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File closed Abacha millions to go back to Nigeria

Former Nigerian President Sani Abacha, pictured in Sierra Leone in 1998


The $380 million siphoned off by the family of Nigeria’s former dictator Sani Abacha, and confiscated by Switzerland, will be returned to Nigeria. The Geneva file on the affair, ongoing since 1999, will be closed.

The move follows a deal by Nigeria and the Abacha family according to a statement on Tuesday by the Geneva public prosecutor’s officeexternal link. Nigeria has long been chasing funds taken by the Abacha clan while Sani Abacha was in power from 1994-1998.

Overall, the Abacha clan is thought to have diverted a total of about $5 billion (CHF5 billion) from the Nigerian treasury. Much of it ended up abroad.

The $380 million in question was seized in Luxembourg in 2006 on the orders of the Geneva justice authorities. The funds were under the control of various companies controlled by the Abacha family, which is considered a criminal organisation, the prosecutor’s office said in a statement.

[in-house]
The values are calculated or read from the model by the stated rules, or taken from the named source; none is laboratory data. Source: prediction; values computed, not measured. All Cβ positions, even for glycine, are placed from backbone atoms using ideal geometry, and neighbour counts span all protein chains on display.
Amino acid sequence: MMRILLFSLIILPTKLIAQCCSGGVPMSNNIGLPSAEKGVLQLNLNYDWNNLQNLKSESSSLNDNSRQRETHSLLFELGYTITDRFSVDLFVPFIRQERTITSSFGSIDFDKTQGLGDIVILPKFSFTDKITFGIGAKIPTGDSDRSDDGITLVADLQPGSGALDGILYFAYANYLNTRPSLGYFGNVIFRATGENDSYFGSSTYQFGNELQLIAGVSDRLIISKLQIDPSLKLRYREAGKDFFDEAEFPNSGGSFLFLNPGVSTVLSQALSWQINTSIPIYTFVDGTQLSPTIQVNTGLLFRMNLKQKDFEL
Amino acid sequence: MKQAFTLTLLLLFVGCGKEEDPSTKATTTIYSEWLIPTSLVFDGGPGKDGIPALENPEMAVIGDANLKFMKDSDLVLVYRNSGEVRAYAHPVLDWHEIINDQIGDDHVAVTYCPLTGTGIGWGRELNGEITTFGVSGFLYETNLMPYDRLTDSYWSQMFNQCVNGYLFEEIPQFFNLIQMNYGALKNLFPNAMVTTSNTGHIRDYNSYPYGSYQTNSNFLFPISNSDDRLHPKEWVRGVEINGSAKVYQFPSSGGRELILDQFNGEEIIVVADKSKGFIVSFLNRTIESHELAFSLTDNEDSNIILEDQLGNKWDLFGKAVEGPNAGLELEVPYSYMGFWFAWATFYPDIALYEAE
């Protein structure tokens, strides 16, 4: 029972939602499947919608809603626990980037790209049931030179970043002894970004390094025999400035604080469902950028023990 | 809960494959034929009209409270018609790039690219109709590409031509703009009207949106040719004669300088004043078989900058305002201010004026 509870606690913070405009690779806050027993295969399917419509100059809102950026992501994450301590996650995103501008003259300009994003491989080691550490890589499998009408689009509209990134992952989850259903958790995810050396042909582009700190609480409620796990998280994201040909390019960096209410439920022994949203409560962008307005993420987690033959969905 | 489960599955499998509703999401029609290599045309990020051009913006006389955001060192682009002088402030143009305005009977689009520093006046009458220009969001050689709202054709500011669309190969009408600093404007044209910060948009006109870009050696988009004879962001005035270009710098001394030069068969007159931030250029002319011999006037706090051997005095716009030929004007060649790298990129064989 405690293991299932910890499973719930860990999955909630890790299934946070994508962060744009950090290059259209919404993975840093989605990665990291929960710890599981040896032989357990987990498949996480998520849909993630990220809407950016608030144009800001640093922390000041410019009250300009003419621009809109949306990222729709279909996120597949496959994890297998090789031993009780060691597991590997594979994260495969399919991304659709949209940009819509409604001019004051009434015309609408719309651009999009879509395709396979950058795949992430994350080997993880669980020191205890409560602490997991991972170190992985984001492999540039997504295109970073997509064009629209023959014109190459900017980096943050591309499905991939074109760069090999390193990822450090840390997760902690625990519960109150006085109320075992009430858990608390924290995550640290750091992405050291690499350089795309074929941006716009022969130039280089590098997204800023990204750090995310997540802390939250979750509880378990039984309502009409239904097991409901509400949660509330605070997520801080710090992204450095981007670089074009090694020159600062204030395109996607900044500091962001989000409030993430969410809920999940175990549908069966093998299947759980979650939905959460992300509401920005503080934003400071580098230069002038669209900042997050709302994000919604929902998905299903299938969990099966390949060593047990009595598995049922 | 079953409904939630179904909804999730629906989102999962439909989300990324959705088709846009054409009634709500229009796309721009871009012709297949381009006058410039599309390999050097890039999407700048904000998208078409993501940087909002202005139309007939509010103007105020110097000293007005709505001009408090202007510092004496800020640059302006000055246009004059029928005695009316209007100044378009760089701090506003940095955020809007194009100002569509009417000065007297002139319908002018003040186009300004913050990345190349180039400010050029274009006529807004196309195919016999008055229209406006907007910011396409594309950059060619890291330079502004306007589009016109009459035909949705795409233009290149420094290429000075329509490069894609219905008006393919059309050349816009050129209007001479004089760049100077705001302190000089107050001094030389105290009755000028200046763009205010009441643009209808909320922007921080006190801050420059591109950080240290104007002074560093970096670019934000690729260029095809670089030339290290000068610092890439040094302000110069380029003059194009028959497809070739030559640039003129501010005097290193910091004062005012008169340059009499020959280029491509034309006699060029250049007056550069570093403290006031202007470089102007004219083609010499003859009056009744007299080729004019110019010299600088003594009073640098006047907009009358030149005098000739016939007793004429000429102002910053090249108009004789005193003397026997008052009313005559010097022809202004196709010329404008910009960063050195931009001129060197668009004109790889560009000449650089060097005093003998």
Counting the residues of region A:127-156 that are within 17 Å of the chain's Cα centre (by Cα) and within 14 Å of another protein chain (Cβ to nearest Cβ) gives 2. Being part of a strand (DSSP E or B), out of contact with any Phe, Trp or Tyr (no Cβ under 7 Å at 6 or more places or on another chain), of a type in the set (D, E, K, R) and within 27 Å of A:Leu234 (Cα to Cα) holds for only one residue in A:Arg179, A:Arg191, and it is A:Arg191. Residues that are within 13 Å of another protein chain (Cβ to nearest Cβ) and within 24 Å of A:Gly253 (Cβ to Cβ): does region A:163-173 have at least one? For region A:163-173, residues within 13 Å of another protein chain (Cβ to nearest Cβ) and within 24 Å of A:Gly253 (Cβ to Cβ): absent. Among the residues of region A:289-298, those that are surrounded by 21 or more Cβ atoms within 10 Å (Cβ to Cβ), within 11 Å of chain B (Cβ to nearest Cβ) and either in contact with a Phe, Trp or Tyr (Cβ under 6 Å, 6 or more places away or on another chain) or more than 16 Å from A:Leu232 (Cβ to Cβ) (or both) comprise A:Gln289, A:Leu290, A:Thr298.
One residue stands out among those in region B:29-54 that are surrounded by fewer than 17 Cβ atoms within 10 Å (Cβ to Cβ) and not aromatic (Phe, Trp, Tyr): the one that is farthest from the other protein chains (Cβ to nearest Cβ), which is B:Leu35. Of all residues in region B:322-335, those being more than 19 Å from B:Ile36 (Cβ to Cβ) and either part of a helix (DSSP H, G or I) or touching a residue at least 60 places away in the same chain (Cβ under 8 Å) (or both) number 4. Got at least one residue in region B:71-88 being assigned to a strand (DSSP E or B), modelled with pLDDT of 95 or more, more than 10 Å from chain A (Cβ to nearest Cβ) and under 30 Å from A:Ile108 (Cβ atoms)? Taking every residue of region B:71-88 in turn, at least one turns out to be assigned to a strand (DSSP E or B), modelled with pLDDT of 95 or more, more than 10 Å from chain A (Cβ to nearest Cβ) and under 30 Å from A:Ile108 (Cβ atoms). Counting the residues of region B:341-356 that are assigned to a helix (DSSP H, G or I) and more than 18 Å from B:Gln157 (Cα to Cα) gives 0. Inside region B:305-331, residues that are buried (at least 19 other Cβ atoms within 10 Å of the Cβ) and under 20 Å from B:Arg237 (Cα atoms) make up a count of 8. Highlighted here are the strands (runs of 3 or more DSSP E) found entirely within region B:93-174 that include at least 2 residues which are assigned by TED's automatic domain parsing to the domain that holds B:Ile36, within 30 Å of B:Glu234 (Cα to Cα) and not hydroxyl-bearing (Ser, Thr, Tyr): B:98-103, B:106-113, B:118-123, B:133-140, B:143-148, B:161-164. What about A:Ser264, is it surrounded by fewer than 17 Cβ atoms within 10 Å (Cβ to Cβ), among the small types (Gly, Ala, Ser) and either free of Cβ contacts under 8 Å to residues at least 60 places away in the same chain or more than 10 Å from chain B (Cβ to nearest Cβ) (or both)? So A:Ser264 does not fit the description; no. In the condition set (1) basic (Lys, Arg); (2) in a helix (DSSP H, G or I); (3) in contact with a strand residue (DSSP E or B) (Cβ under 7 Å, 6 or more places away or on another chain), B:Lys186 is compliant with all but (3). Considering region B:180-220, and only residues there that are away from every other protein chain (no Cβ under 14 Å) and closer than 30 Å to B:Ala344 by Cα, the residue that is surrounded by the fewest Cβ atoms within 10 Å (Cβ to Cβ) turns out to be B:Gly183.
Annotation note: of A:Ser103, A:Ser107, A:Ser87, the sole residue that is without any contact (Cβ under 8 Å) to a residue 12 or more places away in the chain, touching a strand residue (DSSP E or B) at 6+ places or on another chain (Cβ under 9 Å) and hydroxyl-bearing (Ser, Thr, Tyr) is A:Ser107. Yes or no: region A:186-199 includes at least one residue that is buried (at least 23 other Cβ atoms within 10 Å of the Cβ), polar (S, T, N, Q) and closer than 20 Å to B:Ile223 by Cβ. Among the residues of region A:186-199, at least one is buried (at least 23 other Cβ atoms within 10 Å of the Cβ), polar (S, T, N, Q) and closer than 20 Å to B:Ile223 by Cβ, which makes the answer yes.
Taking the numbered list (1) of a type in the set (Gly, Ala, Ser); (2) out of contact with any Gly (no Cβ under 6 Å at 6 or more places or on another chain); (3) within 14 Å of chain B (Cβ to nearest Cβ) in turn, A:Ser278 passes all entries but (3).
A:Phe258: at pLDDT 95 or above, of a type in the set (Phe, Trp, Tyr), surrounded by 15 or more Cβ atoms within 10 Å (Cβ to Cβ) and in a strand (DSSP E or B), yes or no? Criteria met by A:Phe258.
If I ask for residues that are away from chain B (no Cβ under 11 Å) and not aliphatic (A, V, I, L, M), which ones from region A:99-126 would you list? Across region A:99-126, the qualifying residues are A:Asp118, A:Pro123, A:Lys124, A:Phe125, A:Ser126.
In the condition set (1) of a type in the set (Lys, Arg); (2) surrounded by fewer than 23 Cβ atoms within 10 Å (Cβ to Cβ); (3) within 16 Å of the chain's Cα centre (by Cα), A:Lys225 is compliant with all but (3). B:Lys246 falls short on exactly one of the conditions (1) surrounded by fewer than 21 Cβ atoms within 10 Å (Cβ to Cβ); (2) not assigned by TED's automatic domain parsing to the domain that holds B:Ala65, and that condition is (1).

The repatriation and confiscation of the Geneva funds followed the conclusion of an agreement in July 2014 between Nigeria and the Abacha family.

This set out the confiscation of the assets and their return to Nigeria, as well as Abuja dropping its complaint against Abba Abacha, the son of the former dictator.

According to the prosecutor’s office statement, the confiscation order “allows for, among other things, that the funds restituted to Nigeria are monitored by the World Bank”. If the monitoring is not effective, the funds will be returned to the Geneva authorities.

The statement also said that the file against Abba Abacha was now closed, based on an article in the penal code which allowed criminal proceedings to be abandoned once the defendant had made amends as much as was possible.


The non-governmental Berne Declaration group has slammed the agreement as disastrous.

"There are no safeguards to ensure that the people who were cheated at the time will benefit from the restituted money," the group said.

The accord also shows the difficulties for the Swiss justice authorities to prove beyond doubt the illegal nature of dictators' assets, according to the Berne Declaration.

In 2012, after a legal back and forth, the Geneva Police Court gave Abba Abacha a one-year suspended prison sentence for belonging to a criminal organisation. Abba Abacha was absent from the court room. The Federal Court in Lausanne, Switzerland’s highest instance, quashed the sentence in May 2014.

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